LOCATION: BATAD, IFUGAO, PHILIPPINES
A first timer’s guide to the terrace cradled town of Batad. For the most amazing rice terrace formation, skip Banaue and go straight to Batad…
For the month of February this year, I saw my fair share of Rice Terraces. My favourite, though, by a long shot would have to be the perfectly preserved Rice Terraces in the small, secluded town of Batad. Hidden within the mountains of northern Luzon in the region of Ifugao, Philippines, this secluded, little town offers a unique perspective to ancient, cultural traditions and simple ways of life led by the Ifugao people.
Compared to Banaue’s rice terraces, Batad’s stone-walled formations are much better preserved in comparison to the deteriorating mud walls of the Banaue Terraces. Thanks to this extra use of building materials, the structures in Batad stand to promise breath taking sights for generations to come. Here’s my advice and experience from my recent trip to the mountain province to inspire you to see the beautiful sights of Batad for yourself.
HOW TO GET THERE
Option 1#: Car
I travelled by car because I wanted to take my time and stop at different places along the way. From the town of Bananue (see my Guide to Bananue here) it’s a short hour drive to Saddle (the nearest road access to Batad). We parked the car and paid a small tip for one of the men to look after the car. We had no issues with vandalism or damage whilst the car sat at saddle over the course of two nights.
Option 2#: Bus
Traveling by bus is a perfect option for those who don’t want the extra fuss of driving. Ohayami Trans Bus company offers direct trips from Manila to Banaue for about Php470. It’s an overnight trip that leaves around 10pm (exact times are available on their website) and drops you in Banaue at 7am the next morning. Going to Batad from Bananue, there are jeepneys that travel to Saddle twice daily from town centre and fares are Php150 per person.
Best Time to Go
The planting and harvesting of the rice are a seasonal event so the rice terraces will showcase a different colour, ranging from green to gold to brown at different times of the year. The terraces are greenest before harvest which is around April to May and October to November. During harvest the terraces take on a golden appearance during the months of June, July and December to January. During the time I went, despite the harvest not being at its greenest, I still enjoyed the view regardless.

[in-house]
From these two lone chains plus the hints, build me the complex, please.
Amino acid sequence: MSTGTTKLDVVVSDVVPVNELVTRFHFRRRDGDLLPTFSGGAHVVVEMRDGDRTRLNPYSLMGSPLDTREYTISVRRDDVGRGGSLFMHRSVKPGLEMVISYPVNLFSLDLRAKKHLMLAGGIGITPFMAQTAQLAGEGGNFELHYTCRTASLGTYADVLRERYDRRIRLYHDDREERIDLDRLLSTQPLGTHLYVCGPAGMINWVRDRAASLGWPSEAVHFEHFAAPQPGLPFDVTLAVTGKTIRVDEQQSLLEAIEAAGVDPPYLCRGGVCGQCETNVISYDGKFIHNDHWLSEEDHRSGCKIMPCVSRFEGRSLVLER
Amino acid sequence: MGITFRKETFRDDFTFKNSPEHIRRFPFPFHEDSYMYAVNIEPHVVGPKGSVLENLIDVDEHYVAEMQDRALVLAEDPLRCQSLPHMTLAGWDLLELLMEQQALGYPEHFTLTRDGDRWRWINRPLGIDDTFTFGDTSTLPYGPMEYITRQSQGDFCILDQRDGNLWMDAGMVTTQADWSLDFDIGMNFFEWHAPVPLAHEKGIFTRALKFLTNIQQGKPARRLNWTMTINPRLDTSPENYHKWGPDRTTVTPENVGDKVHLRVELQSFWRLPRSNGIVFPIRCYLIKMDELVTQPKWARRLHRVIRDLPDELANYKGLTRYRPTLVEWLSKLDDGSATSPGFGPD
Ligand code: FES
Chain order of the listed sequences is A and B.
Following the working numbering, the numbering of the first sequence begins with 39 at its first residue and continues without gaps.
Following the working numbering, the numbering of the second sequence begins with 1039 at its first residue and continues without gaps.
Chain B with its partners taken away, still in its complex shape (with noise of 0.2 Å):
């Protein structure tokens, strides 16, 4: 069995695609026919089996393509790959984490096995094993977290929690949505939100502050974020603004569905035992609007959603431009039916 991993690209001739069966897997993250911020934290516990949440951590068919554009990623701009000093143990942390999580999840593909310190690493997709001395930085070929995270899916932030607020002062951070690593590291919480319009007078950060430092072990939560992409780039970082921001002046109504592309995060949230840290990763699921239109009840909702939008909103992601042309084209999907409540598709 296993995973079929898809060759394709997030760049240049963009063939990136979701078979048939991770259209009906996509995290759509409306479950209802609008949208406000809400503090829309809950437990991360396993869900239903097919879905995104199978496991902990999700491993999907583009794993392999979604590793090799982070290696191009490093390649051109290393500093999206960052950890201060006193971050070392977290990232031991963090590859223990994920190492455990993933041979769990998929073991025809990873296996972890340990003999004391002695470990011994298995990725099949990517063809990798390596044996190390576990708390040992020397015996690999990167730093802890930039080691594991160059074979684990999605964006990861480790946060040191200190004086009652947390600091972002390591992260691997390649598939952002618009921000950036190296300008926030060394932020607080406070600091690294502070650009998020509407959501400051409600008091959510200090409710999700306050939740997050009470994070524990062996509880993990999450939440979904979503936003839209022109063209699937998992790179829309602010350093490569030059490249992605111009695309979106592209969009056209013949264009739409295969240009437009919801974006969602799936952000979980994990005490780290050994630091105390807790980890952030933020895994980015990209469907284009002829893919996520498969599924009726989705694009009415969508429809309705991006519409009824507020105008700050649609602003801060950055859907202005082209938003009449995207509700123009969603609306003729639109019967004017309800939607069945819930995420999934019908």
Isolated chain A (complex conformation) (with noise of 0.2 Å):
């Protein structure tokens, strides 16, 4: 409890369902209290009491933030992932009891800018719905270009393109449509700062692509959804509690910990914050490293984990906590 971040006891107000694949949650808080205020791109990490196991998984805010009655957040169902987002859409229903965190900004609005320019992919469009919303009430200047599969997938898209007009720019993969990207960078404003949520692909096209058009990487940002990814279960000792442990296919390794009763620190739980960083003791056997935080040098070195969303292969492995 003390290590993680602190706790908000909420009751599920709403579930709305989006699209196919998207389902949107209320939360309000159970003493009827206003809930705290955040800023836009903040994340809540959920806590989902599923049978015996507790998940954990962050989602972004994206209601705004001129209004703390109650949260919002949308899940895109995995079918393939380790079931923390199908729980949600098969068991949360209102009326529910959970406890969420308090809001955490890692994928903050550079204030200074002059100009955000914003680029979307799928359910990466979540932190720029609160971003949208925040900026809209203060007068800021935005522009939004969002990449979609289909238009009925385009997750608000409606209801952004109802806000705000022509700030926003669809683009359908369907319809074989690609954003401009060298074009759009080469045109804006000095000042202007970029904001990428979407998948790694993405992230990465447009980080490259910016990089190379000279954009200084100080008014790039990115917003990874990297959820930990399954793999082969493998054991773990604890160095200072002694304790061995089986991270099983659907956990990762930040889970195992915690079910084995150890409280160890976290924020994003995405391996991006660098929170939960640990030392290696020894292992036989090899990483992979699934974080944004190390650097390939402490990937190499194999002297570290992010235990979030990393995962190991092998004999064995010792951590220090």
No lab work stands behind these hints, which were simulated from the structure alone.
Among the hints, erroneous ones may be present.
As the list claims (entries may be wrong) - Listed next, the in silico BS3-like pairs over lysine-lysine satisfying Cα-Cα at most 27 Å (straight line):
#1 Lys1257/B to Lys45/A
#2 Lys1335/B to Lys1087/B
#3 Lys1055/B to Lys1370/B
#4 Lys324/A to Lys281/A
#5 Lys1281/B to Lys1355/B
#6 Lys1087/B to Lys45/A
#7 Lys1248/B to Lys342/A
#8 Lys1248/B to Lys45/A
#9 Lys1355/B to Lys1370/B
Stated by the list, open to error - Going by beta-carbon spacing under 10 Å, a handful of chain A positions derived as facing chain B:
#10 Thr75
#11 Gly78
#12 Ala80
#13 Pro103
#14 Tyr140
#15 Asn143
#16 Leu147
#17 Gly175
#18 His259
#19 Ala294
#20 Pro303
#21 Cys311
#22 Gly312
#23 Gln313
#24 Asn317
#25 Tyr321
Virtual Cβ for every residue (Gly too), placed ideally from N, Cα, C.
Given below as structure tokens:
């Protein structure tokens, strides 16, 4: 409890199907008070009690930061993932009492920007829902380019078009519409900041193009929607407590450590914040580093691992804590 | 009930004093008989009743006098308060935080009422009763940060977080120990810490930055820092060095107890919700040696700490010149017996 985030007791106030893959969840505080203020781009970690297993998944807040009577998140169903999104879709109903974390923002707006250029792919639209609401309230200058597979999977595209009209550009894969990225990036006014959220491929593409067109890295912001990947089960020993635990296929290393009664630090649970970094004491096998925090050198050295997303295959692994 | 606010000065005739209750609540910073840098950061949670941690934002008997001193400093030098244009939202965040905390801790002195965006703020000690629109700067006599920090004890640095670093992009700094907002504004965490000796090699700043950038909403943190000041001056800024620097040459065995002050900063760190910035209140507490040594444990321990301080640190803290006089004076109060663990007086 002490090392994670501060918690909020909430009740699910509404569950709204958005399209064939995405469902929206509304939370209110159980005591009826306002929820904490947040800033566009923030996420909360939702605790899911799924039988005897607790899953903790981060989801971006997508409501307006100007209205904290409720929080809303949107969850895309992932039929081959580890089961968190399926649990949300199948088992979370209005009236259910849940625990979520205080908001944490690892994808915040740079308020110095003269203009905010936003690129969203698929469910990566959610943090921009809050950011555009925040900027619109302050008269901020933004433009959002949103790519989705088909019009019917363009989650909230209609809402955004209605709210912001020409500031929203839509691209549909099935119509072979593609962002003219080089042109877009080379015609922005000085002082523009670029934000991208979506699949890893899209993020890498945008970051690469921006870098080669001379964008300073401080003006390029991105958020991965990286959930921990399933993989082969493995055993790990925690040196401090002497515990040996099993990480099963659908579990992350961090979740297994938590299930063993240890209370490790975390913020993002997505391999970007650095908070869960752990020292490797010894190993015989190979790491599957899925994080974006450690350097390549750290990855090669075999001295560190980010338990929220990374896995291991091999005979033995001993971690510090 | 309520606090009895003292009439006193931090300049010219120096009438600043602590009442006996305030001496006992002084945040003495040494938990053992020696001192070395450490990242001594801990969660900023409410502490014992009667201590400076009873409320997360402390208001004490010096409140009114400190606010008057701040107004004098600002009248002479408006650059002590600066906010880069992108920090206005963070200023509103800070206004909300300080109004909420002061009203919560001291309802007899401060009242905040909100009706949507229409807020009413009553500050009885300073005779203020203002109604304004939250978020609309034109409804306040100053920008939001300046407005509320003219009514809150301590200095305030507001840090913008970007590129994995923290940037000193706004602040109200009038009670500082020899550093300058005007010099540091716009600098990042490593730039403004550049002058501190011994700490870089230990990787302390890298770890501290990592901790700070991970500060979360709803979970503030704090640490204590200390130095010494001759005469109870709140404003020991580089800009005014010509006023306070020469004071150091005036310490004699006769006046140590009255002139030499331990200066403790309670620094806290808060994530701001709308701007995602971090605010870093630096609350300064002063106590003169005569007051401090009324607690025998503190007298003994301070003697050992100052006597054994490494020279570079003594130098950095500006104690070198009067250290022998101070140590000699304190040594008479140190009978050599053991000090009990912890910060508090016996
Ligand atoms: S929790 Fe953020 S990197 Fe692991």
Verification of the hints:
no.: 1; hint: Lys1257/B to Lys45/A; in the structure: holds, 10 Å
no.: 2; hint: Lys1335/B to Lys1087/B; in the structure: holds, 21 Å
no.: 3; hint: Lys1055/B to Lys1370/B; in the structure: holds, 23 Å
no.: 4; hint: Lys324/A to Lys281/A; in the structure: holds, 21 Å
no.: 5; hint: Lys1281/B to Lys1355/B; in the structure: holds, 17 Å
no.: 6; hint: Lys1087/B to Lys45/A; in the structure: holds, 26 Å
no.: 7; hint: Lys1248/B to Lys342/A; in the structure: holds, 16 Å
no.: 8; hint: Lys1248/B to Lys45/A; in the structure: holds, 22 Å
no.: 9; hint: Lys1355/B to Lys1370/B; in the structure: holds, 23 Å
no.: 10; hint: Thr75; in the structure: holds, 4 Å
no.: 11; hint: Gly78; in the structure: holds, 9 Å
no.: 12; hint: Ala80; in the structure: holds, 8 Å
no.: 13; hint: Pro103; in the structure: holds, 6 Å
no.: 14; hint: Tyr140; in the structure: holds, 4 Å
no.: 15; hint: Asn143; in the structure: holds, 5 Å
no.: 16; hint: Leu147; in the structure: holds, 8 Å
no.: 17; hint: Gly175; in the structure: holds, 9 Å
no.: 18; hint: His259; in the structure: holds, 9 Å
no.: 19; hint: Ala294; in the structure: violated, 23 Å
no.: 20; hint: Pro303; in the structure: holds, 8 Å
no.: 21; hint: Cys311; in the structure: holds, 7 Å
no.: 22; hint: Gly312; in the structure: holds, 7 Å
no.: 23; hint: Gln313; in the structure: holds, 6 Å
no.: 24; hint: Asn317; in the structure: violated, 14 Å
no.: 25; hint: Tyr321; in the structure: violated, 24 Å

WHERE TO STAY:
Ramon’s Homestay offers a unique experience of staying in a native nipa hut. These nipa huts or ‘bahay kubos’ are kept in their traditional state: devoid of any electricity and modern fittings. The exception is that they are fitted with a mattress and pillows, which are heaven sent after a day of climbing. Be sure to pack repellent and a torch or two. Also, be sure to ask for blankets unless you want to freeze your butt off. For some reason, blankets aren’t placed in your room automatically. Ramon’s also has a little restaurant which offers filipino comfort food with some international additions. My recommendations would have to be the Chicken Tinola (a ginger and young papaya broth with chicken) and the homemade veggie pizza. You must order early though, as food is limited and the place becomes quite busy at meal times, so ordering in advance is a must.
WHAT TO DO:
Hike to the Highest View Point
There are two view points. The highest is the Awa View Deck, which involves a half a day hike up a mountain to experience a bird’s eye view of Batad. However, I chose not to murder my legs and just hike to the highest point of the rice terraces themselves. This hike is a relatively easy trek of two hours and it brings you up and around the amphitheatre rice terraces. After balancing on the edges of rice terraces, you’re rewarded with an amazing view of the step-like formations of the terraces.
Trek to Tappiya Falls
Best done first thing in the morning to avoid the crowds and heat of the day, the trek to the falls is a moderately challenging endeavour. Some steps are a foot high and although the trek is completely down hill, the challenge lays on the way back. However, thankfully the falls offer a chance to cool down (or freeze) halfway through the hike. The waters are deep and very, very cold. You’ll soon forget the hot and sweaty mess that you were a few moments earlier when you plunge into its waters. The sight of the falls itself is amazing with it’s 70 meter, cascading waters dousing the entire area in mist. Be sure to bring a stick to help you balance and pack light. There are a few simple tables and seating at the base of the falls where you can have your packed lunch and rest those aching legs.
Visit the Weaving House
Within the simple town, you can witness the weaving of traditional Ifuago clothing by hand at the weaving house. Depending on the hour of the day, you can watch the people at work, creating these intricately designed, bright red pieces. They are also up for sale and make great souvenirs to bring home with you.
Have fun exploring the Rice Terraces of Batad!